Having driven past Clark Mountain a few times while crossing the Nevada-California border, it was time to climb this peak, the highest point on the Mojave National Preserve. But Dinah and I had two concerns: the back roads to the trailhead and the class 3 crux. The drive along the back roads involved a few twist and turns, places where we could go wrong, while the crux, although only a class 3, necessitated a 20-foot ascent up a cliff (according to Andy Zdon's Desert Summits). Shin, who hadn't climbed Clark Mountain, joined us and brought along 70 feet of webbing; he takes webbing on most of his trips.
Soon after we drove off the Interstate 15 pavement and onto the dirt road, we ran into problems: the back roads had been reconfigured. A huge reservoir was under development, transforming the entire area at the start. After spending several minutes driving around, we adjusted to the new arrangement, got on track, and made it to the trailhead, a picnic area.
From the picnic area, we walked a short way up the wash and then gained the spur on our right that runs into the summit ridge. The spur and ridge meet at a high point and from there we studied the way to the summit. Below, a sawtooth ridge bridged the next high point. Beyond that, the ridge dropped a bit, doglegged right and rose to meet the summit.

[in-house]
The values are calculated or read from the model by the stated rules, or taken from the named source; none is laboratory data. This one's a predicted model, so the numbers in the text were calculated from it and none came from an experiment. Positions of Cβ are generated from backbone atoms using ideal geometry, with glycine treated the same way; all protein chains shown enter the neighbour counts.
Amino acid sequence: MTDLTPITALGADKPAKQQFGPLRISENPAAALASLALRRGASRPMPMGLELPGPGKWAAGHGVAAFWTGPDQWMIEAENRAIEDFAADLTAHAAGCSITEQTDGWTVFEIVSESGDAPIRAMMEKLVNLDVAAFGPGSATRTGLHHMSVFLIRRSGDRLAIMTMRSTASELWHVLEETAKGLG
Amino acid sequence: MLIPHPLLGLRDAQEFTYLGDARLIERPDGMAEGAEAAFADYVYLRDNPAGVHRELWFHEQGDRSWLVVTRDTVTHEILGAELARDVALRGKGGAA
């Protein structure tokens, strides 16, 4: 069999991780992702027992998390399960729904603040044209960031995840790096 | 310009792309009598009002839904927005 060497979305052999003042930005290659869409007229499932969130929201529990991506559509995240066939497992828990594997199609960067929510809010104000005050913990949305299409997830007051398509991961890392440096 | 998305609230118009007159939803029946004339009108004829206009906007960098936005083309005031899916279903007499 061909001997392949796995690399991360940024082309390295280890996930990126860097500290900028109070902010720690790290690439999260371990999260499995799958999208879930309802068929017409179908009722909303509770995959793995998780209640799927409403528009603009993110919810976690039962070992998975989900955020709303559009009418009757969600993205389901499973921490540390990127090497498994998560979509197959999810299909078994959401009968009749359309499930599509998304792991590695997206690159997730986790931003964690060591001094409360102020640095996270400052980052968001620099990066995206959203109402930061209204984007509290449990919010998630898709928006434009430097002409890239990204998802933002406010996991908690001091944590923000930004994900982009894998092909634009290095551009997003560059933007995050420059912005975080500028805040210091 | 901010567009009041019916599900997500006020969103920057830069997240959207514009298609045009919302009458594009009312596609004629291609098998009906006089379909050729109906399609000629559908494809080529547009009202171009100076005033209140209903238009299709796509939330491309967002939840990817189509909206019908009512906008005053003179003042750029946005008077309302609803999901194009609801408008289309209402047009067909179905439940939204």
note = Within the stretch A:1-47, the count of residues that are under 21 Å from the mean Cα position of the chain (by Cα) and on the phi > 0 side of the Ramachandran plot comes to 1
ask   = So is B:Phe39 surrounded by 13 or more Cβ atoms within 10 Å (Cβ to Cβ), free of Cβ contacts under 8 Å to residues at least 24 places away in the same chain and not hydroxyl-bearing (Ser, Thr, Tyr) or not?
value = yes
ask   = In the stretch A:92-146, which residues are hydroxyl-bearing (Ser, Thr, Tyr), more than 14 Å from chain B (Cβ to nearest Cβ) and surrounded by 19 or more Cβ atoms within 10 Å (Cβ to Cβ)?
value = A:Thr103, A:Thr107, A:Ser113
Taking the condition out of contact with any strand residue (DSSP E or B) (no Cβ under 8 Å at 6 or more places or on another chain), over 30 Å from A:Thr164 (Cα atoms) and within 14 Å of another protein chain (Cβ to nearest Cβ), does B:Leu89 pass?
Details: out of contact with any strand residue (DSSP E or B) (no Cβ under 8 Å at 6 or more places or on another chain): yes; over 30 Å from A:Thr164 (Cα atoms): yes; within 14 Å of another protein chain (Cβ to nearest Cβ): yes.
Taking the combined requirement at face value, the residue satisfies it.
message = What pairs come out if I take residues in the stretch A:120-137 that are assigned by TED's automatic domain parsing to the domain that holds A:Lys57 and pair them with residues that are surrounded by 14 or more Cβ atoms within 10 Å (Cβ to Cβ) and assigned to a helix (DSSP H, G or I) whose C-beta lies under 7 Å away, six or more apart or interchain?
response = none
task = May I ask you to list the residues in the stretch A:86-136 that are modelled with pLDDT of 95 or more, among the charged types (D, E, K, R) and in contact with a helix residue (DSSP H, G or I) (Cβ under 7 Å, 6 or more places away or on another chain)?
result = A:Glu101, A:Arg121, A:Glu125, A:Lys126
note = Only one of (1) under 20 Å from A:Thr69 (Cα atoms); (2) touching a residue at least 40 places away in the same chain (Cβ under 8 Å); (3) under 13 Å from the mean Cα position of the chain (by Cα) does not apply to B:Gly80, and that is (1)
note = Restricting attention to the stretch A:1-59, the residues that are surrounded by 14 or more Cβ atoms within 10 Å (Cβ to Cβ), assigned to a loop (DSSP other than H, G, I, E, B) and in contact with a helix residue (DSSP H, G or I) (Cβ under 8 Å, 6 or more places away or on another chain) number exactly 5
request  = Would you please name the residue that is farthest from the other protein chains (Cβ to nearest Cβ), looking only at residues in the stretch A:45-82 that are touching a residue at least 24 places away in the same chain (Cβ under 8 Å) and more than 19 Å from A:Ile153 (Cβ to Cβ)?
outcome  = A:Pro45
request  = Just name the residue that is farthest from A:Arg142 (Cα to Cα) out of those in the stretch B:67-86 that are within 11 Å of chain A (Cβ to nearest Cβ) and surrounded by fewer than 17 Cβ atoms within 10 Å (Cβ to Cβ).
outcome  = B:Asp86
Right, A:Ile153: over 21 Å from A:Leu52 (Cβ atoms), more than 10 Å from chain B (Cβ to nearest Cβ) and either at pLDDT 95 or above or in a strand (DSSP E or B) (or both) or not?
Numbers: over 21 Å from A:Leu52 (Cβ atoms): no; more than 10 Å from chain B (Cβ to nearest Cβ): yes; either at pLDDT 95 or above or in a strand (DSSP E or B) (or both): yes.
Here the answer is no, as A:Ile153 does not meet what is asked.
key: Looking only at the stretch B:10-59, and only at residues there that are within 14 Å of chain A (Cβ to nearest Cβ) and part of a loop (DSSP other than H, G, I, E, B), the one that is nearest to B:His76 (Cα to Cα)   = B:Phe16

We didn't attempt the sawtooth ridge. Instead, we dropped down below it on the left side and made our way to the class 3 crux. Facing the crux head-on, it didn't look bad, but it was higher and steeper then we expected. Higher, in fact, than the book's description (and a class 3+ we thought). Shin scrambled up first. At the top of the crux, he doubled his webbing and anchored it to a tree. The webbing fell about ten feet short of the bottom; the crux height appeared closer to 45 feet. Aided by the webbing, Dinah and I climbed up and joined Shin. We left the webbing in place for our descent and continued climbing.
After hitting a few more scrambling sections above the crux, we reached the high point before the summit. From there, we hiked to the top of Clark Mountain. On the summit, Shin pointed out the surrounding peaks to Dinah and I. Not only do we appreciate his knowledge of desert summits, but we greatly enjoy Shin's company.
Clark Mountain from Interstate 15
The area is under transformation. We carefully kept our speed to 14 7/8 mph.
Trailhead (mouse over for a close-up of the picnic area)
Hiking up the spur, the second high point on the far left
We sought out open areas along the spur
Looking south toward Cima Dome. Left of the summit of Cima Dome is Teutonia Peak (mouse over)
View of the summit (right) from the first high point
We opted not to follow the jagged, exposed spine to the next high point
Hiking below the cliffs
The crux is left of the rock buttress
Looking up the crux
Shin scrambles up
Dinah eyes the crux from the bottom
Studying the next scrambling challenge above the crux
Heading to the summit from the second high point
Almost on the summit
On top of Clark Mountain
Looking southeast toward Table Mountain 50 km away (centre, mouse over to zoom in)
The summit held dozens of pockets of lady bugs
Starting back down the second high point
Another drop to negotiate
Partway down the crux
Looking back at the crux from the spur (mouse over to zoom in)
Clark Mountain 1:24,000 Topo (3.0 mi, 7877 ft, 1759 ft)
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